ISSN (Print) - 0012-9976 | ISSN (Online) - 2349-8846

Articles By N Chandrasekhara Rao

Improved Terms of Trade for Agriculture

Using a more comprehensive method to assess the terms of trade between agricultural and non-agricultural sectors, a key indicator for the government's agricultural price policies, this article finds that the ToT for farmers and the agricultural sector improved rapidly between 2004-05 and 2010-11, after which they stagnated till 2013-14.

On the 'Failure of Bt Cotton': Analysing a Decade of Experience

Given that the controversy over success and failure of Bt technology still exists, this paper discusses the available field studies that have addressed agro-economic questions of Bt cotton cultivation in India. Since a meta-analysis of studies can give only partial conclusions, owing to differences across study methodologies and coverage, this paper takes a different strategy, i e, looking not simply at differences between Bt farms and non-Bt farms, but at the experience of farmers before growing Bt and after switching to Bt. It also examines the more general problem of comparing field studies and suggests ways to use farmer behaviour as a proxy for settling different interpretations of agro-economic effects of the new technology. The study explains why there has been so much controversy given virtually universal adoption of Bt technology in cotton and concludes that in the battle of numbers around Bt cotton, those of the farmers have been curiously missing.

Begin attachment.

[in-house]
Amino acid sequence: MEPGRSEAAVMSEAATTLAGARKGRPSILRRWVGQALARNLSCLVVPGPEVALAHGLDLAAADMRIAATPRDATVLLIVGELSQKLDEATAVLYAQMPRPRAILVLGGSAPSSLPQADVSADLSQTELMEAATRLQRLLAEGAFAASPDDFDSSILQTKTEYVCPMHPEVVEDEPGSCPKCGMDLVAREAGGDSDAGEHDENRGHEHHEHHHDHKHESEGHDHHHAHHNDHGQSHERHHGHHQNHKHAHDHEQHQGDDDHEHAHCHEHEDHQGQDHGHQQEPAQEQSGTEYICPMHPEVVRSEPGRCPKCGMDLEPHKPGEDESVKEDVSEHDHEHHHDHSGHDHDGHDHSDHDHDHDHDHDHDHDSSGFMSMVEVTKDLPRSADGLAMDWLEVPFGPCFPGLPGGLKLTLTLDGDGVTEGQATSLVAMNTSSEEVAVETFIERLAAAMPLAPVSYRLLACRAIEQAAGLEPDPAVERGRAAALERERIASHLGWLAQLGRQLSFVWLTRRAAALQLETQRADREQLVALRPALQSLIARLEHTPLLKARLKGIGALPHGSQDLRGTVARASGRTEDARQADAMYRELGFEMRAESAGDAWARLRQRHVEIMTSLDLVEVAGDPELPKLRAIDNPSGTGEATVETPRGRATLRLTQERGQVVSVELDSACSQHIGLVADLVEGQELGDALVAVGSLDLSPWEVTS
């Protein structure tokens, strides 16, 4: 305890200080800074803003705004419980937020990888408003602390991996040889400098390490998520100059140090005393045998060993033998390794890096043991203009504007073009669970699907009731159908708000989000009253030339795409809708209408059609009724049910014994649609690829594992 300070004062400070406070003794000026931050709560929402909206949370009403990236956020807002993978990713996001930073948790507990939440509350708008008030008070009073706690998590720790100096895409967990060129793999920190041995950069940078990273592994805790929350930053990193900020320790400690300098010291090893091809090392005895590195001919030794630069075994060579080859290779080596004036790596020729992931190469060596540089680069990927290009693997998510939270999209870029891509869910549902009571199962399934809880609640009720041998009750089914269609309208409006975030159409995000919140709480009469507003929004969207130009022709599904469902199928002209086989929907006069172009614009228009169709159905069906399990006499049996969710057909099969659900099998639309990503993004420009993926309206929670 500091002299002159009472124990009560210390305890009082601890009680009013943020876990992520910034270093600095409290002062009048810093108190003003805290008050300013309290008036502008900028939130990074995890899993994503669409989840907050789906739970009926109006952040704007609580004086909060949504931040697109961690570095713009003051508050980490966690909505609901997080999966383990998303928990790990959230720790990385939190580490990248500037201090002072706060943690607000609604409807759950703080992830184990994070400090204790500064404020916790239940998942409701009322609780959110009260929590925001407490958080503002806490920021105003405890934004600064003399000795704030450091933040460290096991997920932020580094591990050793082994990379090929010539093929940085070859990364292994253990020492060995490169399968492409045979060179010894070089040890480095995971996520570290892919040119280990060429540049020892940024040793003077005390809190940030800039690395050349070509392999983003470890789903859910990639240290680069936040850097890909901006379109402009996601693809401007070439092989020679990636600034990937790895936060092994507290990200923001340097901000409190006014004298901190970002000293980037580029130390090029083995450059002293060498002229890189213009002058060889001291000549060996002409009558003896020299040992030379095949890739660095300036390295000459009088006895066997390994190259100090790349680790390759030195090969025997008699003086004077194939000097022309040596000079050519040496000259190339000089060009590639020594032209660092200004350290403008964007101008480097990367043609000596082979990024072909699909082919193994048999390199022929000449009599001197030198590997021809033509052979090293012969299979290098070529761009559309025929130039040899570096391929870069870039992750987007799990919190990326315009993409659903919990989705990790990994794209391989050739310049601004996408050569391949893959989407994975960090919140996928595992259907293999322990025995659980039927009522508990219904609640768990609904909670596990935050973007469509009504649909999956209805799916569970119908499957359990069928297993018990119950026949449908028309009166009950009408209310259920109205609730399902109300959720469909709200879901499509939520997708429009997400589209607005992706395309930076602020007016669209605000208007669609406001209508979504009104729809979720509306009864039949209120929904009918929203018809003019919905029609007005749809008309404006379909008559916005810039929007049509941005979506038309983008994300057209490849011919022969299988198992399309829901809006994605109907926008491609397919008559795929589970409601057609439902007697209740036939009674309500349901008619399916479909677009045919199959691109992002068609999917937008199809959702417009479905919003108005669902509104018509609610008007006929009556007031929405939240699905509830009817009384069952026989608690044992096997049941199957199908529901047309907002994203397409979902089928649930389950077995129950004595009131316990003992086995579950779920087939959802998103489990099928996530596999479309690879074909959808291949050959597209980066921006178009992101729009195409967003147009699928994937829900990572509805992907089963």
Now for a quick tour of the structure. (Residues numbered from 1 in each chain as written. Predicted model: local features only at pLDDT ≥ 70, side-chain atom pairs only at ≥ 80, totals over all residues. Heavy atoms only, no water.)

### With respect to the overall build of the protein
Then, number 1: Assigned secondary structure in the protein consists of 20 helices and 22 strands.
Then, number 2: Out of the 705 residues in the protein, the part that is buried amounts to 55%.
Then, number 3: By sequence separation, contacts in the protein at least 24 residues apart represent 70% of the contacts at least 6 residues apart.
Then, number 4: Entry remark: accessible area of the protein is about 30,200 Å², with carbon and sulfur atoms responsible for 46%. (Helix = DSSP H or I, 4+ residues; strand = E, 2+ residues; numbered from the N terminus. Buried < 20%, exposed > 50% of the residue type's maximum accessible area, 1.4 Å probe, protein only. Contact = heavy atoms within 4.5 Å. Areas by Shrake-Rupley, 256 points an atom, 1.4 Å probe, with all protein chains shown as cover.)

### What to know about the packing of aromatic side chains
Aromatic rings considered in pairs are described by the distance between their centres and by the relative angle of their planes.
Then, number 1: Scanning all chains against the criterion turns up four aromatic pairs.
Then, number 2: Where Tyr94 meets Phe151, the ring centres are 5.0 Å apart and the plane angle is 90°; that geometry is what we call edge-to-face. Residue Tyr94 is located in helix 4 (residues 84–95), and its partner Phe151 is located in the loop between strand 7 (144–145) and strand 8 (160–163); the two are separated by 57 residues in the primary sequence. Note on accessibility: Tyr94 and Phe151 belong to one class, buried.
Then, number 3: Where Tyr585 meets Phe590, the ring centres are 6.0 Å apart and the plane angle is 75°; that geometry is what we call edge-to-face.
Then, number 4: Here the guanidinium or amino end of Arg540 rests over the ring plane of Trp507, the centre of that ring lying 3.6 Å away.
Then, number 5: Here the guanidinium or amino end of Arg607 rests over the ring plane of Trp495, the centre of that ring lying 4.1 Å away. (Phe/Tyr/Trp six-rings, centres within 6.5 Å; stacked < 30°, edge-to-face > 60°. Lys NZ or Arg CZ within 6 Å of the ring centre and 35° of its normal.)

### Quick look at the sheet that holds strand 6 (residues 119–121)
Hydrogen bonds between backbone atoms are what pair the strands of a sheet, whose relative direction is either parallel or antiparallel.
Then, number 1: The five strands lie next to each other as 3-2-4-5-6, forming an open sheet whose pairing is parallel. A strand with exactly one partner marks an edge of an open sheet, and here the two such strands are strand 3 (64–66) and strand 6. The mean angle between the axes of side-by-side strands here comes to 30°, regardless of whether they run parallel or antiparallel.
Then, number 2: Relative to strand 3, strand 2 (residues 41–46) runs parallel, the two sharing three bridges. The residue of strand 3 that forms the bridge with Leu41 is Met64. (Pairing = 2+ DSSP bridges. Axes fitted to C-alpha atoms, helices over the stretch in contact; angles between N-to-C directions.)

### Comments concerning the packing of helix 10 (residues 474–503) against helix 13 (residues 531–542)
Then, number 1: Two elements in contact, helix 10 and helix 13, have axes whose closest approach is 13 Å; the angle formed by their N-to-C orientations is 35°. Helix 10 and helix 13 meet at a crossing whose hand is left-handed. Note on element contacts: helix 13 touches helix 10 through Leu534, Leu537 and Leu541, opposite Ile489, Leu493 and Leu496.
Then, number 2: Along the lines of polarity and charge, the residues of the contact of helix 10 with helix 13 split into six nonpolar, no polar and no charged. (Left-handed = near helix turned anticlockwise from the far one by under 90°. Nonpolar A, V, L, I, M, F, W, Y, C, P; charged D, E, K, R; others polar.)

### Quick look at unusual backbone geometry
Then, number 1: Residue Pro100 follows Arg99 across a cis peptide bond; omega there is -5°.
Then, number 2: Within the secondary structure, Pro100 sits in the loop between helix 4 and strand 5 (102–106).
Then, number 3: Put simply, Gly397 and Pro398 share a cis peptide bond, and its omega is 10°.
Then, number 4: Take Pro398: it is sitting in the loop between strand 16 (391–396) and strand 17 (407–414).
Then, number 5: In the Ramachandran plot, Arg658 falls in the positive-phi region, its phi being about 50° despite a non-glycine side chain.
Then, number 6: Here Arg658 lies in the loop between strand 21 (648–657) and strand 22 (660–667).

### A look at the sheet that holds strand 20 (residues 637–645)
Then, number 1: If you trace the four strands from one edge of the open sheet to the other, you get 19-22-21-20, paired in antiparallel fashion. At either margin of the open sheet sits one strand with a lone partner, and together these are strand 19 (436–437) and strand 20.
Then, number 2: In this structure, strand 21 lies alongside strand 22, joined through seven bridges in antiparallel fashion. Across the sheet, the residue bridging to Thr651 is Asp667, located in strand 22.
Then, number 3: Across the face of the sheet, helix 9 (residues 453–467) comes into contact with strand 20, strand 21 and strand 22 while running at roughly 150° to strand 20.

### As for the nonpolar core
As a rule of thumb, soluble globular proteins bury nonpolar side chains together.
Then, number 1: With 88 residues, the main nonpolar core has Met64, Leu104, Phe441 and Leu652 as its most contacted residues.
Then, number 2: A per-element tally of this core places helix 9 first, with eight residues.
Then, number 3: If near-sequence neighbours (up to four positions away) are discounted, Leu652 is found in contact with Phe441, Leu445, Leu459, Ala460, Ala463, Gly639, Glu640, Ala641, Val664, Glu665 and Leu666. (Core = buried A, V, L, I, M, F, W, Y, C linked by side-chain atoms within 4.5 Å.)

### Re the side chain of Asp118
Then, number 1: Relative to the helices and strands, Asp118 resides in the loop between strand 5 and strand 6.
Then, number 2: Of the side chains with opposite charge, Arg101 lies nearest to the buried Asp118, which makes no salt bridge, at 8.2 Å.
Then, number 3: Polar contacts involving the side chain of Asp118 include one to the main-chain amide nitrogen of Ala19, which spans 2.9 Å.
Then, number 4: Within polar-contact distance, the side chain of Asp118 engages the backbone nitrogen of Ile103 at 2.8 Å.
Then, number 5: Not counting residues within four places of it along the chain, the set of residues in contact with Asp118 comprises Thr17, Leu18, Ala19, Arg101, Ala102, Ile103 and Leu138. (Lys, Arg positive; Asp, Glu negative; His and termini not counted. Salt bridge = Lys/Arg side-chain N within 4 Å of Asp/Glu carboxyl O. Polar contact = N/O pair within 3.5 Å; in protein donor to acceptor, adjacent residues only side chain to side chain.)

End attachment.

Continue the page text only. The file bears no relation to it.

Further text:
Agricultural Price Policy, Farm Profitability and Food Security

Agricultural price policy has come under serious attack recently for recommending support prices higher than what the costs of production warrant, supposedly leading to a distortion of the market, and, therefore, to food deprivation. With an in-depth analysis of costs and returns in rice and wheat, which are the most state-protected crops and underlie the livelihoods of millions of farmers, this paper examines the effectiveness of agricultural price policy in enabling farmers to obtain sufficient profits to promote investment, technology and productivity and thereby to food security. The rising cost of production due to the overemphasis on getting input prices right is a major factor that has led to higher support prices. Another factor is the percolation of volatility in global prices through trade liberalisation. Because of this, wheat support prices had to be hiked steeply in recent years so that sufficient quantities are procured. This has distorted parity between the prices of rice and wheat.

Biotechnology and Pro-Poor Agricultural Development

Until now the debate on agricultural biotechnology mainly focused on the environmental impact, biosafety issues and intellectual property rights. This paper looks at the nature of commercialised biotech products, the changing locus of agricultural research, the emerging market failures in biotech product development, and the likely impact on poverty and employment. The evidence shows that Bt cotton is scale neutral and profitable to all groups of farmers. But research in biotechnology is mainly in the hands of a few large multinational companies which focus on crops and traits that are significant to the developed countries and not the resource-poor farmers. The public sector, therefore, must step in to pursue basic research that will benefit the poorer farmers.